This study is the first, that the authors are aware of, to identify a reduced level of management satisfaction associated with the presence of a PMO. It is also the first study to consider PMO involvement at the level of key project practices and hence to be able to suggest how to understand and address the reduced management satisfaction identified.

Details

Journal of Enterprise Information Management, vol. 26 no. 3
Type: Research Article
ISSN: 1741-0398

Keywords

Article
Publication date: 1 December 2004

Damien Power

Examines the relationship between how people are managed, and the effectiveness of business to business (B2B) e‐commerce implementations. The human resource management

4728

Abstract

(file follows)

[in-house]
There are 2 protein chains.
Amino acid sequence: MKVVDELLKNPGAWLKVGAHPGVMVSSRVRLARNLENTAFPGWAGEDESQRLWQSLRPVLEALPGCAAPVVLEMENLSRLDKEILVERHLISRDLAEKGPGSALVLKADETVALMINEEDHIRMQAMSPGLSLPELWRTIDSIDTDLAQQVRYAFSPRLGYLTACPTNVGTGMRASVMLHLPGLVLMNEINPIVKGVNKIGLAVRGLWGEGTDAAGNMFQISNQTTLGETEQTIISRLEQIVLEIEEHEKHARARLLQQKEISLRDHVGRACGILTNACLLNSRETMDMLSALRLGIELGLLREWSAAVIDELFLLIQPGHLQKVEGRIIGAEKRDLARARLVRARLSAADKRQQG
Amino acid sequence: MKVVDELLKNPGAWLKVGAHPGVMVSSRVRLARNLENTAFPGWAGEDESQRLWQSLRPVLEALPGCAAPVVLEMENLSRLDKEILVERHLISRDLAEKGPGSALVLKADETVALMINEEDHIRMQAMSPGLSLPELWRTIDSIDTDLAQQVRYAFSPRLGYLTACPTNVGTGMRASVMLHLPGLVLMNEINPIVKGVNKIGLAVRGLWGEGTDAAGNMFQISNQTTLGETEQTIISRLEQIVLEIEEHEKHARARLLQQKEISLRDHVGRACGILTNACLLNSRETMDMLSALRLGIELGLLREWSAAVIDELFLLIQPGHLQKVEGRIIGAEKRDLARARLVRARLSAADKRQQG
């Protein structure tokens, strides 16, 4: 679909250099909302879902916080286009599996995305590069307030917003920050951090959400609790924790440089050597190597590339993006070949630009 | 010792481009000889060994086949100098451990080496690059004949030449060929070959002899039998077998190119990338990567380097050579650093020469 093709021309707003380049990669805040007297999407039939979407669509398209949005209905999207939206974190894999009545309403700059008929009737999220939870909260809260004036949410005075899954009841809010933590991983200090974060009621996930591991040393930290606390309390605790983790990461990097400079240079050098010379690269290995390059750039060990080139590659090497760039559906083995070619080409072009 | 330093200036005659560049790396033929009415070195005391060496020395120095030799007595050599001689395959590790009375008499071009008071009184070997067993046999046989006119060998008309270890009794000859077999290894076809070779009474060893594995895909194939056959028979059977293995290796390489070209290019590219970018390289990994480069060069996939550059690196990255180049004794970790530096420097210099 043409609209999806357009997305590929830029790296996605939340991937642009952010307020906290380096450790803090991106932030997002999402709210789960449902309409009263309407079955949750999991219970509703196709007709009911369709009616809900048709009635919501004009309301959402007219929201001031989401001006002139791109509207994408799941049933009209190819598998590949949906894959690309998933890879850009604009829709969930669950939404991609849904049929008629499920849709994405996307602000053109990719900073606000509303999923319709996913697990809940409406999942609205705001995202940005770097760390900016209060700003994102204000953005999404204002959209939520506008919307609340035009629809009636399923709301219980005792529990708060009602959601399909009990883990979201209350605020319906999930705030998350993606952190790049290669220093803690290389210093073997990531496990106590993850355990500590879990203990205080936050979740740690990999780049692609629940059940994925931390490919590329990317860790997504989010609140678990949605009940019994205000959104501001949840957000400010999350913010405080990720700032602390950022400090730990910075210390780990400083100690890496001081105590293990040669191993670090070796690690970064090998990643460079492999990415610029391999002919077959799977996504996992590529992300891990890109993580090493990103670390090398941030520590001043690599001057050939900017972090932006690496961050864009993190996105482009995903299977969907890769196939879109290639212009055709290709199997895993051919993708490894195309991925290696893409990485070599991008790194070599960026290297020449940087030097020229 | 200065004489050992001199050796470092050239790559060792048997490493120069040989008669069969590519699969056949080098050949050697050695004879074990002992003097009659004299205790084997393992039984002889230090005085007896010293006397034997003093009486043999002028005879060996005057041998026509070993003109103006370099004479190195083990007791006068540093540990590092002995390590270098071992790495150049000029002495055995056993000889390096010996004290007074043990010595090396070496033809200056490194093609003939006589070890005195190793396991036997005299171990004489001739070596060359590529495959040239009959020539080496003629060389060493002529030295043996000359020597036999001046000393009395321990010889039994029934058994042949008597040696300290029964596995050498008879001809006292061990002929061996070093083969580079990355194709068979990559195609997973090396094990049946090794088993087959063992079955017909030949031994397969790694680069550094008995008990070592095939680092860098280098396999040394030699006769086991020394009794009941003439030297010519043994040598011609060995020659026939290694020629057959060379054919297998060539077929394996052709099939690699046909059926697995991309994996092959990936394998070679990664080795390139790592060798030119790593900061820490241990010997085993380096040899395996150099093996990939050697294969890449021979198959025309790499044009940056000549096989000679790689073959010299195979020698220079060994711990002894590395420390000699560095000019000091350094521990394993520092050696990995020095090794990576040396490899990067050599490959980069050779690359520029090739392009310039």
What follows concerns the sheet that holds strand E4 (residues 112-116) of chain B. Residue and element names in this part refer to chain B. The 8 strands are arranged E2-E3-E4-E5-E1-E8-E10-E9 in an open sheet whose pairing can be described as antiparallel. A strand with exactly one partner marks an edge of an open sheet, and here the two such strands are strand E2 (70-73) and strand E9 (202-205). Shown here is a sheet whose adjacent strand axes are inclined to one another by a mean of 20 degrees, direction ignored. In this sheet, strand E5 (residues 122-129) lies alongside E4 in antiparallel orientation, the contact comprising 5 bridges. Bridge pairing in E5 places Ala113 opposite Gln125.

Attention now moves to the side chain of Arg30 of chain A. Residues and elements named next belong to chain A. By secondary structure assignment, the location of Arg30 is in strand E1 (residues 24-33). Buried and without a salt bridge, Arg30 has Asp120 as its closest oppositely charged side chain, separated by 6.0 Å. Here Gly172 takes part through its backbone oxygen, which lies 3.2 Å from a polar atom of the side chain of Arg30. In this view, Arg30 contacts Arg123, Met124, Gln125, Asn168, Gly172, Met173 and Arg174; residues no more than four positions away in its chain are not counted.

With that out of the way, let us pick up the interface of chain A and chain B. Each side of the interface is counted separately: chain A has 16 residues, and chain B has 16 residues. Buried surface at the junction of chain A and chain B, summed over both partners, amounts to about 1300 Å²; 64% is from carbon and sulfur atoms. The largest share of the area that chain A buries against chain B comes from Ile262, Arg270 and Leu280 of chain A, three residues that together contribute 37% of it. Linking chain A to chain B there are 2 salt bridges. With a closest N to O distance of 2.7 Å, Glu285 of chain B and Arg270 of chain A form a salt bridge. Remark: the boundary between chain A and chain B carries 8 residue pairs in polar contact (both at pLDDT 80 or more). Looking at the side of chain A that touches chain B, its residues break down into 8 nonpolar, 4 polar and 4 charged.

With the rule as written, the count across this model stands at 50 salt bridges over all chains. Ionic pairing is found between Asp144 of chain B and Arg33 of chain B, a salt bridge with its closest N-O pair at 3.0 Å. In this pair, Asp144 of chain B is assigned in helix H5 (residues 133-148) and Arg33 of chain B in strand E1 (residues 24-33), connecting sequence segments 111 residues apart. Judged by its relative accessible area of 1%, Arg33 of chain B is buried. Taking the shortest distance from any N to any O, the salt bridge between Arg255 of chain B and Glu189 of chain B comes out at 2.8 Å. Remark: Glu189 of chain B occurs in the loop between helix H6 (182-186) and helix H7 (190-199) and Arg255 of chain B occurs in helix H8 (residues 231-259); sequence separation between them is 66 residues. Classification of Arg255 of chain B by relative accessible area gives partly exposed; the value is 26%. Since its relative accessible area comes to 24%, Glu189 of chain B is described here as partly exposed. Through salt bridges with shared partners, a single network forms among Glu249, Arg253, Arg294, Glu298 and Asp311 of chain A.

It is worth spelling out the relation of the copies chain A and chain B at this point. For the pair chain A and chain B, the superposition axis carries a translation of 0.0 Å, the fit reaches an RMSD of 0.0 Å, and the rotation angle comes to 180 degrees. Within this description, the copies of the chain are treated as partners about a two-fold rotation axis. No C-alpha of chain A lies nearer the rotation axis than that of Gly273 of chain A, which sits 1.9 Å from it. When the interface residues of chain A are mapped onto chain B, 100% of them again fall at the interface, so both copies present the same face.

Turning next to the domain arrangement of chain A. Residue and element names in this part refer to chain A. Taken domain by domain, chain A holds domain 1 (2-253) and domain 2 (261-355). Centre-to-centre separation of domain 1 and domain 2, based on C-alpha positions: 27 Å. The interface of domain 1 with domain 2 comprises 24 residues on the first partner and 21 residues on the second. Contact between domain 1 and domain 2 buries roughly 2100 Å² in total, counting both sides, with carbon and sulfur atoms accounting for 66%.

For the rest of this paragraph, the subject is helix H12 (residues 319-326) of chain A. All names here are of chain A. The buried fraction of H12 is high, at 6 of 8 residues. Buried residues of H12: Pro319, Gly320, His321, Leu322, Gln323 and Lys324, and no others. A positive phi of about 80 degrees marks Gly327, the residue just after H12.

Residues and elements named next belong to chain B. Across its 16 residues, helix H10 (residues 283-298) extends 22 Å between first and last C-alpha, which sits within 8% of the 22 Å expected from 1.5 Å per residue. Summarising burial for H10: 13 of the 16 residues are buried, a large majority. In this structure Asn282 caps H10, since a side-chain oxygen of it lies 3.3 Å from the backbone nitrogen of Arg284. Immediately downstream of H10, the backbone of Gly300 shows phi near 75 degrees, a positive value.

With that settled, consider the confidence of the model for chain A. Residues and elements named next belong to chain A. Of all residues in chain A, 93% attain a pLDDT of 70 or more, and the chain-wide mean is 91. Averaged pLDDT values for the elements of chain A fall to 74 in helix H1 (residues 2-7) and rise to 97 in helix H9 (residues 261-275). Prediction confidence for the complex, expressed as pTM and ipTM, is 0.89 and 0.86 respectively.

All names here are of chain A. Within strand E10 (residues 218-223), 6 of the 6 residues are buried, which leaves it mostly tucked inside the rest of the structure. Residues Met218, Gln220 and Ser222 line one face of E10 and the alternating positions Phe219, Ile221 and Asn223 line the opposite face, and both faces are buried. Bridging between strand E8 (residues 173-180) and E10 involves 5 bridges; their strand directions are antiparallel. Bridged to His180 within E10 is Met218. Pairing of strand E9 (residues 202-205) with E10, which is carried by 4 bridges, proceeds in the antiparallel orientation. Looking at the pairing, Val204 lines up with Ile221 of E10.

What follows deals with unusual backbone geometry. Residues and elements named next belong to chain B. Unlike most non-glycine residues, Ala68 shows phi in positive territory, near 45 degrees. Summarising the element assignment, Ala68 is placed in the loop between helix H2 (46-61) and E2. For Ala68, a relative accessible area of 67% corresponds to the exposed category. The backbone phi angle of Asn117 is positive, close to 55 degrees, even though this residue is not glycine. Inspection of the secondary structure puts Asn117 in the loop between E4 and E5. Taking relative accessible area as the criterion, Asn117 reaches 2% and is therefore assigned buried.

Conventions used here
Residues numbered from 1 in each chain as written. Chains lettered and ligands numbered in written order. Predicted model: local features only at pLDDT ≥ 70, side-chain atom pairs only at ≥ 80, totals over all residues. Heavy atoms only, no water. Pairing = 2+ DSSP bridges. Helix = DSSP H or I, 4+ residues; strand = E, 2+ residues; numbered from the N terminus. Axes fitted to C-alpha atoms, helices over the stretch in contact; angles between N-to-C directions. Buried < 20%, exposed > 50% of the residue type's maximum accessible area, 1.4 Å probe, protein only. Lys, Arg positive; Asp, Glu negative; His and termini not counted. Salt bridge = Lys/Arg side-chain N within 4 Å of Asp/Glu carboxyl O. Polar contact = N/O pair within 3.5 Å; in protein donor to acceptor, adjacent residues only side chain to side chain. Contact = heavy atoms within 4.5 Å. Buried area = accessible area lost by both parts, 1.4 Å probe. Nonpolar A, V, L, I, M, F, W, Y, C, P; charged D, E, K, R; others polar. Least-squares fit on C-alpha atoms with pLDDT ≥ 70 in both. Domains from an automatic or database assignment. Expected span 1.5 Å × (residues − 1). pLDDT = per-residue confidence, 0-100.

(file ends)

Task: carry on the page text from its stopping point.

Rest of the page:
Examines the relationship between how people are managed, and the effectiveness of business to business (B2B) e‐commerce implementations. The human resource management practices used to test this relationship are training, employee involvement and participatory culture. A survey instrument was designed for the purpose of testing the research hypotheses based on the themes identified in the review of the literature. This survey was administered within a sample of the membership of EAN Australia. The results indicate that there is a clear link established between effective management of human resources and effective implementation of B2B e‐commerce enabling technologies. In particular, there is evidence to suggest that the development of a participative culture coupled with the involvement of employees, will be more effective than solely investing in training programs. This study has been limited to organizations operating in the Australian fast moving consumer goods sector. The results therefore need to be read in this context, and it would be useful if these hypotheses could be tested in other countries and different industry sectors. The overall impression is that the organizations that will derive the greatest benefit from the use of these technologies will be not only those that invest in training for the use of the technology. More important sources of leverage are likely to derive from involving a broad range of employees directly in implementation, while actively encouraging a culture of participation across the organization. There is a clear link established between effective management of human resources and effective implementation of B2B e‐commerce enabling technologies. In particular, there is evidence to suggest that the development of a participative culture coupled with the involvement of employees, will be more effective than solely investing in training programs.